Teaching French implies disseminating culture, history, and philosophy that stemmed from the idea of France as a cultural nation and one of the most democratic and social nations in modern history. Tenets such as the French Revolution, the end of the Monarchy, la Commune de Paris, the "Declaration of human rights" - are long revered and admired worldwide by many democratic societies. As an educator, I find the contribution to equality, fairness, brotherhood, and liberty - engrained in the French enlightenment – genuinely inspiring. However, there is another side to France being a colonial power that is not revealed or part of our discourse. France was one of the most ambitious powers during the 19th century. Hence the topic of colonialism is often avoided in our French curriculum. Historically, France was the second greatest colonizer after Great Britain. It had numerous settlements and colonies in Africa, Asia, North America, the Caribbean, and South America. France left a legacy in these countries even after their wars for independence: The French language and culture. Yet, when we think of French as a language, we think of France, Belgium, Luxembourg, and not Algeria, Chad, Congo, Senegal, Ivory Coast, etc. This discrepancy makes us question the inclusiveness of all French-speaking countries as part of the linguistic and cultural legacy. Still, it reveals double standards in determining what constitutes the French language, art, and culture.4
Almost 80 years after WWII and the Algerian Independence Revolution, France has contributed to promoting democracies in the former colonies. Scholars of colonialism and post-colonialism studies argue that France’s presence and politics in the former colonies is none other than neo-colonialism. 5 At home, a cursory evaluation of French politics shows little involvement of minority groups within the politics of the modern French nation. Nowadays, France remains a key factor in world politics and International Relations; and its spheres of influence.6 France has a tremendous economic and military influence in Africa, which has raised concerns among African intellectuals.7 More so, France remains a cradle of cultural and linguistic hegemony in the African continent, despite its social fabric changes in the last two hundred years.8 France 24, a public news channel, gives a daily view of France’s international interests. More than fifty percent of the news comes from Africa and mainly former French colonies struggling with political turmoil, and ethnic conflicts within their countries. It often shows a French military presence – perhaps through international missions, or UN appointees.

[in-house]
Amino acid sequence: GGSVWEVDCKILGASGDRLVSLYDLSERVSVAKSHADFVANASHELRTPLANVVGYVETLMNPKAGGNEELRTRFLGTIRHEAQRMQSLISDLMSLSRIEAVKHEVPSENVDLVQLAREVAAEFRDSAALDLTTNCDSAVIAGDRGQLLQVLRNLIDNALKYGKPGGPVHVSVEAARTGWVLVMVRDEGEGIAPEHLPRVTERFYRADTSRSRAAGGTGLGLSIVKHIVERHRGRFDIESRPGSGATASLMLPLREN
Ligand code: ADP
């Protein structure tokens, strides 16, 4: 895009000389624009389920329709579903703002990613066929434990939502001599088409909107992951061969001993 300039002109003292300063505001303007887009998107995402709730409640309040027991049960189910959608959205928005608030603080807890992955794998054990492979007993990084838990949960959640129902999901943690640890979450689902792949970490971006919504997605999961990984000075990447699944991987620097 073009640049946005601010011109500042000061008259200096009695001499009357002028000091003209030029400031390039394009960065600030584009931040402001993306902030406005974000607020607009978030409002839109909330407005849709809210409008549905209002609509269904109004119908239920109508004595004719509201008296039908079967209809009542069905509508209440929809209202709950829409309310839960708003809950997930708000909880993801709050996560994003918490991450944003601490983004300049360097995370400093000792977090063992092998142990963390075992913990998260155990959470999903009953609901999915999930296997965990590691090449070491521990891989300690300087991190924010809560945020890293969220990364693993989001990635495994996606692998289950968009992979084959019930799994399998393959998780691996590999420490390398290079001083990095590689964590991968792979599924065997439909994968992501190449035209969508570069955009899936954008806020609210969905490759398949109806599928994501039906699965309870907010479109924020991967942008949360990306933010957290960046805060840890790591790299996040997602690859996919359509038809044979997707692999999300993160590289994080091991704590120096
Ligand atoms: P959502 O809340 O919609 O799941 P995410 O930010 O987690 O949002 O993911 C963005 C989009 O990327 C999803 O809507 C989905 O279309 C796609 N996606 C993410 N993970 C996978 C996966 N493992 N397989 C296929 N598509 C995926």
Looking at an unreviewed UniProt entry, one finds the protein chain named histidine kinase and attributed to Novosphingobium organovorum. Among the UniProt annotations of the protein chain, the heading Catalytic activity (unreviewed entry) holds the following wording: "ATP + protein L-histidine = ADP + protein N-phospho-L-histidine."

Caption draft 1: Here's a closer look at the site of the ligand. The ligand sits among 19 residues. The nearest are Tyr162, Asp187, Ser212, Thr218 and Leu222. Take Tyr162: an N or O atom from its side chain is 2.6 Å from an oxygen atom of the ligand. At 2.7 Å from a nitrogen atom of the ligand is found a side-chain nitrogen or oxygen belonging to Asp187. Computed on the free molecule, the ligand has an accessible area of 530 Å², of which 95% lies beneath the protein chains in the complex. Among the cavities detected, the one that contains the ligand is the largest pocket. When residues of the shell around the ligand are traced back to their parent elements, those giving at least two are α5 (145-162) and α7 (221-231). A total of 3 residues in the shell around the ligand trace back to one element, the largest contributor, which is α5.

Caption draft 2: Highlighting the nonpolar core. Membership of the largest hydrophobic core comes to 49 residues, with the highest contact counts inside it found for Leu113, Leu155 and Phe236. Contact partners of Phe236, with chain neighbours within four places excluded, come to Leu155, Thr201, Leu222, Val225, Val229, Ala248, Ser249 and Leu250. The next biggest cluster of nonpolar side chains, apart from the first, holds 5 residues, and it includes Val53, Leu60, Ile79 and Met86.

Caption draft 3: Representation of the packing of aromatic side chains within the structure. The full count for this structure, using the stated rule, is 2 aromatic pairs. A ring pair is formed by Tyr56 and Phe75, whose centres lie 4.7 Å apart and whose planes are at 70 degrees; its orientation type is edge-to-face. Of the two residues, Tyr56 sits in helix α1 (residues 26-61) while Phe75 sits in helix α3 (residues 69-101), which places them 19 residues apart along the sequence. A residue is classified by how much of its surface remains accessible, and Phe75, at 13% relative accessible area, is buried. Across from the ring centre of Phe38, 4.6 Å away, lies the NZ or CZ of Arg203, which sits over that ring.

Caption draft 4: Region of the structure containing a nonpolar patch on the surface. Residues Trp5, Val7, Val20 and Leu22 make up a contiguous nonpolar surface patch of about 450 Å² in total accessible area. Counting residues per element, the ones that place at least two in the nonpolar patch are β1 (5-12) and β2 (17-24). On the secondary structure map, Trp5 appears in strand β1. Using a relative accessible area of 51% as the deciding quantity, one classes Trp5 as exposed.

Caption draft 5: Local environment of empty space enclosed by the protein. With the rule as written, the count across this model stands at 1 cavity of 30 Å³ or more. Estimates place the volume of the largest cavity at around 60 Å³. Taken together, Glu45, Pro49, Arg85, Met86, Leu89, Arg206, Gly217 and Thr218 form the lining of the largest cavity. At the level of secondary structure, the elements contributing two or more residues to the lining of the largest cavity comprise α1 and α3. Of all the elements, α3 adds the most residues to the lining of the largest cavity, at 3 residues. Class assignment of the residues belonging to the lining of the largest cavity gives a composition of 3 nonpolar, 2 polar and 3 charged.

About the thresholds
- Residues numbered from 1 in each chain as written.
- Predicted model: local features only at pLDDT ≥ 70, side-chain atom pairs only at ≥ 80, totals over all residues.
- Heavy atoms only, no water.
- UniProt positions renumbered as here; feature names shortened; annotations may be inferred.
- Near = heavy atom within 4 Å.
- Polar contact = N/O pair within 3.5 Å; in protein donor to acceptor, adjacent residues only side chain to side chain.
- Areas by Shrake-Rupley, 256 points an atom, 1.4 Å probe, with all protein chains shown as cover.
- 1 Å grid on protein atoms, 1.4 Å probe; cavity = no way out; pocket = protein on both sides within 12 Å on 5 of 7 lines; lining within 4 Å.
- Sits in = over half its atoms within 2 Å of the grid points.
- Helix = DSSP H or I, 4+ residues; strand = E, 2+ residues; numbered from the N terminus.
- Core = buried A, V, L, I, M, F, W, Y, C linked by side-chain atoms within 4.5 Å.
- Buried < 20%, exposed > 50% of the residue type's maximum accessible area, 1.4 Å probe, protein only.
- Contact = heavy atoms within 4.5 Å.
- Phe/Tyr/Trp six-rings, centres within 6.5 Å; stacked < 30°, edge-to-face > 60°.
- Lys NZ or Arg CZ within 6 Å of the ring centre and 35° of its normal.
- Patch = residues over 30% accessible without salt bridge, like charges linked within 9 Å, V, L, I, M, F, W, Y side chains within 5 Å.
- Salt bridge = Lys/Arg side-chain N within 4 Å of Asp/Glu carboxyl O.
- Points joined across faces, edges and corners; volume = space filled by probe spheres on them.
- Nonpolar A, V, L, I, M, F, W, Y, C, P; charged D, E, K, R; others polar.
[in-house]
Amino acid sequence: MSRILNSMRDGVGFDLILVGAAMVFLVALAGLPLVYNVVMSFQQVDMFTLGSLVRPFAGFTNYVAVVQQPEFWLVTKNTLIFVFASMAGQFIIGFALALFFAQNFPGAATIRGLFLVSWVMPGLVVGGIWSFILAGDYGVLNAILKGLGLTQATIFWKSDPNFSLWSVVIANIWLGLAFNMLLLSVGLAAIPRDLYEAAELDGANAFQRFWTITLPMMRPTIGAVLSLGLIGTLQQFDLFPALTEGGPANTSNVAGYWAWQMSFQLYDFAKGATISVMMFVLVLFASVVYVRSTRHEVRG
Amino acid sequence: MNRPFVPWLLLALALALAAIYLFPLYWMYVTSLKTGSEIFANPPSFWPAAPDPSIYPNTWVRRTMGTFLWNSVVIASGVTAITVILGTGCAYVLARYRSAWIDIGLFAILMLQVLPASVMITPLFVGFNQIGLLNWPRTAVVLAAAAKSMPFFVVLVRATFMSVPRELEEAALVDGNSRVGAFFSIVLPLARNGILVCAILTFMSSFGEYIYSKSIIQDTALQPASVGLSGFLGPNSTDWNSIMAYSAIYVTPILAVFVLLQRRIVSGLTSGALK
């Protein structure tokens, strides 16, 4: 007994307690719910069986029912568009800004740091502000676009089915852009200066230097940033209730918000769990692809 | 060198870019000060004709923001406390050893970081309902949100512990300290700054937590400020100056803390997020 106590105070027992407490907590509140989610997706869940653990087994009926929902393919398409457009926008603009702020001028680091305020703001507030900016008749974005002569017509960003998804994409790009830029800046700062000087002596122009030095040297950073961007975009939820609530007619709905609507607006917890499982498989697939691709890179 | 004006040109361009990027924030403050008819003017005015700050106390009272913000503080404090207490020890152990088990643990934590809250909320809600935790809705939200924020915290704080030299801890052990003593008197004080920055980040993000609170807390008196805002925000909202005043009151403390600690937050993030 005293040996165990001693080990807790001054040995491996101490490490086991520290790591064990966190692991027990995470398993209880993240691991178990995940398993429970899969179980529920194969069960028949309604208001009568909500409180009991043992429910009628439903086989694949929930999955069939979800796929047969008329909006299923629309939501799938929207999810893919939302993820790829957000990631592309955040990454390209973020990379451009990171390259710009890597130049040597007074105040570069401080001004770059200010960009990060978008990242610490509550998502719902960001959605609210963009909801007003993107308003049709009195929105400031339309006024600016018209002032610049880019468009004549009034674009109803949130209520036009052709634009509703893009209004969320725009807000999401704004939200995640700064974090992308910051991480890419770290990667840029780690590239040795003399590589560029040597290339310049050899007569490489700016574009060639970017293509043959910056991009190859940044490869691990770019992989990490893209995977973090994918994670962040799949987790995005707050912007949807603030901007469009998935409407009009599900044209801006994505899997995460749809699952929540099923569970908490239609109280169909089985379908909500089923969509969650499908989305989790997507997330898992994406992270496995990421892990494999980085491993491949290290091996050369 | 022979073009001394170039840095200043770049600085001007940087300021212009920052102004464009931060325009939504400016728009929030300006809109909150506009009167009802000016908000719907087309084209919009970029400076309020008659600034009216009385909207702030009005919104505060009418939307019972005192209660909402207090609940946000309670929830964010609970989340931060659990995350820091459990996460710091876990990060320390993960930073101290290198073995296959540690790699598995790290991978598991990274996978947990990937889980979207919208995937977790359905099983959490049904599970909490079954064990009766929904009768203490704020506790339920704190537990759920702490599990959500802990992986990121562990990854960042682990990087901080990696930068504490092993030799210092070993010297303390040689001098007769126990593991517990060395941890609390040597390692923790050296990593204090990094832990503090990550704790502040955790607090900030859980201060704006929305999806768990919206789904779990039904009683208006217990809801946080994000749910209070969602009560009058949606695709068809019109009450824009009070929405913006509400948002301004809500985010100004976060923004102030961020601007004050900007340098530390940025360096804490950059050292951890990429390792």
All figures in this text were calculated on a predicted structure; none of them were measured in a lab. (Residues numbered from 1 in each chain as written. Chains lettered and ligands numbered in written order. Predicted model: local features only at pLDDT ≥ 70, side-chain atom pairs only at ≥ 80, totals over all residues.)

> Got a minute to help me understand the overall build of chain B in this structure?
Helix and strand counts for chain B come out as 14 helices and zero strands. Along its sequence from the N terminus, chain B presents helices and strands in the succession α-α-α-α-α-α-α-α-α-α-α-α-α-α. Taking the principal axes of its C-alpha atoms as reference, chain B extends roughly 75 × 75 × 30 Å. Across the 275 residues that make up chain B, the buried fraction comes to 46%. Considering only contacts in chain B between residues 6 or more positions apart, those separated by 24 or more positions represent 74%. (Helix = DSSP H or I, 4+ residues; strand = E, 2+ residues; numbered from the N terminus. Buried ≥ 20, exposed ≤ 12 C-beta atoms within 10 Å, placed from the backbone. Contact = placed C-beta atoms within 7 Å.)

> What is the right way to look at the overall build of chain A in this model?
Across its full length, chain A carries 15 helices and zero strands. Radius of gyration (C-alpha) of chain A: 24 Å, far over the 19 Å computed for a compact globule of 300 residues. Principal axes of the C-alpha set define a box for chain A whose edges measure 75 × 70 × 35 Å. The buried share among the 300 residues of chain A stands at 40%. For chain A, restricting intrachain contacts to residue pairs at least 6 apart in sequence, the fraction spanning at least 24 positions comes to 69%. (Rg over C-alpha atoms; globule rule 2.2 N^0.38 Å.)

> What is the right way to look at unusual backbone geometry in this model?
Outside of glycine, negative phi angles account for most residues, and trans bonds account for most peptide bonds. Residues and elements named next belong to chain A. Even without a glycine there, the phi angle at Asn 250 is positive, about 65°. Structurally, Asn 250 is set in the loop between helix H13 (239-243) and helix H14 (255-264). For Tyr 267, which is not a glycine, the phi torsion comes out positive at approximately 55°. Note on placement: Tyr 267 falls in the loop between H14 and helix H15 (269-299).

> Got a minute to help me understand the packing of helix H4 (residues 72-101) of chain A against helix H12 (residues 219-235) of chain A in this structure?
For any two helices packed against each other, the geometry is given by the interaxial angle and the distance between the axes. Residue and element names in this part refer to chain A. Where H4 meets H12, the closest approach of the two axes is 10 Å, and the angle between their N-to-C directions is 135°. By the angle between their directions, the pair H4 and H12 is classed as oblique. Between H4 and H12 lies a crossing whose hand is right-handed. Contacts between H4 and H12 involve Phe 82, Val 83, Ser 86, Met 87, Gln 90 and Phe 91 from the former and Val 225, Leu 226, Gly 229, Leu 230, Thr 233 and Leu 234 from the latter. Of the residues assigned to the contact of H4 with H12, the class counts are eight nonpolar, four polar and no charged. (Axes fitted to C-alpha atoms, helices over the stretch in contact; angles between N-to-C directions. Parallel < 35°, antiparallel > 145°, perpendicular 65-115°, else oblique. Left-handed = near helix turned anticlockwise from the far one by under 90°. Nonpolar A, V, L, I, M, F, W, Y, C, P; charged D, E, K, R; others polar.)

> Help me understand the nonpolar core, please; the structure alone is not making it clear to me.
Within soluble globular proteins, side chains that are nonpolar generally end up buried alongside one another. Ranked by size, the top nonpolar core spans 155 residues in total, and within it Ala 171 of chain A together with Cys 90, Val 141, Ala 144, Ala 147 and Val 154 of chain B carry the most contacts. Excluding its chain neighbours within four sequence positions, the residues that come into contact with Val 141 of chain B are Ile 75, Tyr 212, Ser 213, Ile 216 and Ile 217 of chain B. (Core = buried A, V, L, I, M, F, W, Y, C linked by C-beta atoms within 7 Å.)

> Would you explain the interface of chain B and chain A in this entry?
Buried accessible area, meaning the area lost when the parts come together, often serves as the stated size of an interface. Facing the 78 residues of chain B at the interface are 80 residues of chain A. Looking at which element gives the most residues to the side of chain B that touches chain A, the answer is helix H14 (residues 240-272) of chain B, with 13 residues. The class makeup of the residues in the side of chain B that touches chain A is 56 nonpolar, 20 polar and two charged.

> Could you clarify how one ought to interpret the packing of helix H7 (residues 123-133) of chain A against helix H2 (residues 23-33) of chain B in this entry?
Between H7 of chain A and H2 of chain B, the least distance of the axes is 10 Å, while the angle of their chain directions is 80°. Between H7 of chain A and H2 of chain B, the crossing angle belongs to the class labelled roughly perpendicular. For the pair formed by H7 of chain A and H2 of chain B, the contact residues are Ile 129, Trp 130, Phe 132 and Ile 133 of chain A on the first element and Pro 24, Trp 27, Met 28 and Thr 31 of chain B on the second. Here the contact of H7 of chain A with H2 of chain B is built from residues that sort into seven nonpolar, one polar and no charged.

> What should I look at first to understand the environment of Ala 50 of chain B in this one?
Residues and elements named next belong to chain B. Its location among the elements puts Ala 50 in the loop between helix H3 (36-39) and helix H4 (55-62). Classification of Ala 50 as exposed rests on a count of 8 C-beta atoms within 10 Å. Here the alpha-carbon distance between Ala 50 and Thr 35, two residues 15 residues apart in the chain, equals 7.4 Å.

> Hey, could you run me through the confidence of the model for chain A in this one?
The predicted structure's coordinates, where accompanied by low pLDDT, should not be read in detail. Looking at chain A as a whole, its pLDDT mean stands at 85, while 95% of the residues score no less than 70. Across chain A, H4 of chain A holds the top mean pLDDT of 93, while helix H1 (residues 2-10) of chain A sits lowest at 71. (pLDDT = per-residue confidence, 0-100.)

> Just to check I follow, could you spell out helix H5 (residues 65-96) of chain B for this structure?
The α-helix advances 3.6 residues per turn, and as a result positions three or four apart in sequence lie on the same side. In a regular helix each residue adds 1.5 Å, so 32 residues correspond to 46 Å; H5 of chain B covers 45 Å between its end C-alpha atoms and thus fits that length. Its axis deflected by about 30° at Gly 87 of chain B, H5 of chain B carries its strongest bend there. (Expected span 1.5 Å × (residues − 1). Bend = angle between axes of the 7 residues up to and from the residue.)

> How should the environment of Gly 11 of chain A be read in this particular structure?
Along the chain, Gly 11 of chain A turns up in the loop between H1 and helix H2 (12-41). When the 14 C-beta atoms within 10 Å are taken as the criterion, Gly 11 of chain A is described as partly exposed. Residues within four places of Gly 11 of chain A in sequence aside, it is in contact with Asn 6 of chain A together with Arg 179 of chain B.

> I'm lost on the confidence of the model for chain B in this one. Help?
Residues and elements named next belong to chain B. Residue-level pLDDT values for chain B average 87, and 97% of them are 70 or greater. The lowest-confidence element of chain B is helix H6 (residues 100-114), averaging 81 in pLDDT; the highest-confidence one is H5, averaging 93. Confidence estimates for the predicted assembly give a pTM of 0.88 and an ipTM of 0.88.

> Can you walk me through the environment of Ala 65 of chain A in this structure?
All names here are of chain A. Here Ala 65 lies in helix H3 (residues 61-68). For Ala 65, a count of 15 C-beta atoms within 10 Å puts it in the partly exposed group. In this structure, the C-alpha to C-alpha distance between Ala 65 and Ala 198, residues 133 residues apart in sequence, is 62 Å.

France 24 includes some diversity within the country in its news reporting, depicting African artists and performers. Yet, the French culture remains the dominant culture, with little to offer in diversity. For years now, France has diffused and promulgated through Francophonie the dominant linguistic themes, culture, literature, and other topics centered mainly on French civilization. Colonial France is inexistent in this diffusion of new and old ideas. The overarching curriculum for middle and high school features thematic units depicting life, customs, and lifestyle in the metropolis. The former colonies, once the periphery, do not exist or are seldom reflected in themes and lessons. Inherently, the former colonies are only introduced as French-speaking countries, but the various dialects and rich traditions, art, and cultures are lacking in our curriculum.9 My students understand the impact that bias curriculum has on learning. French is not taught as a language only. After all, teachers of foreign languages promote culture, art, tradition, history, food and even promulgate globalist ideas in their teaching of language. Teachers usually have to research these countries on their own. Not only that, but the textbooks overlook these countries by giving more room to other European French-speaking countries such as Belgium, Luxemburg, Switzerland, and also Canada. The French-speaking African countries and their respective cultures have always been left in the shadows.10 In addition, if black students and characters were featured in French books, they were displaced and transplanted into the metropolis rather than being in their countries of origin. There are a few underlying assumptions in the narrative that teachers take for granted. Such rhetoric has to do with the history of colonialism. The narrative and the counter narrative exist just as in other subjects, and if looked at it from the lenses of social justice it is clear that the curriculum must go through the process of decolonization:
France played a role in civilizing the African countries by spreading ideas of human rights and democracy.
The assimilation turned the African people into dignified black Frenchmen and women.
Some races are superior and others inferior, and it is the duty of the superior race to act as a change agent and civilize the most inferior ones.
On the other hand, the counter-narrative is quite lacking from our discourse in French teaching:
France colonized Africa as an imperialist power seeking a cheap labor market, human and natural resources.
Universalism and colonialism is an oxymoron. One cannot colonize people to instill human rights and values. Colonization defeats that purpose.
Assimilation brings to the extinction of cultures, ideas, and entire civilizations. It deprives people of self-expression in art, culture, language, politics, and depletes creativity.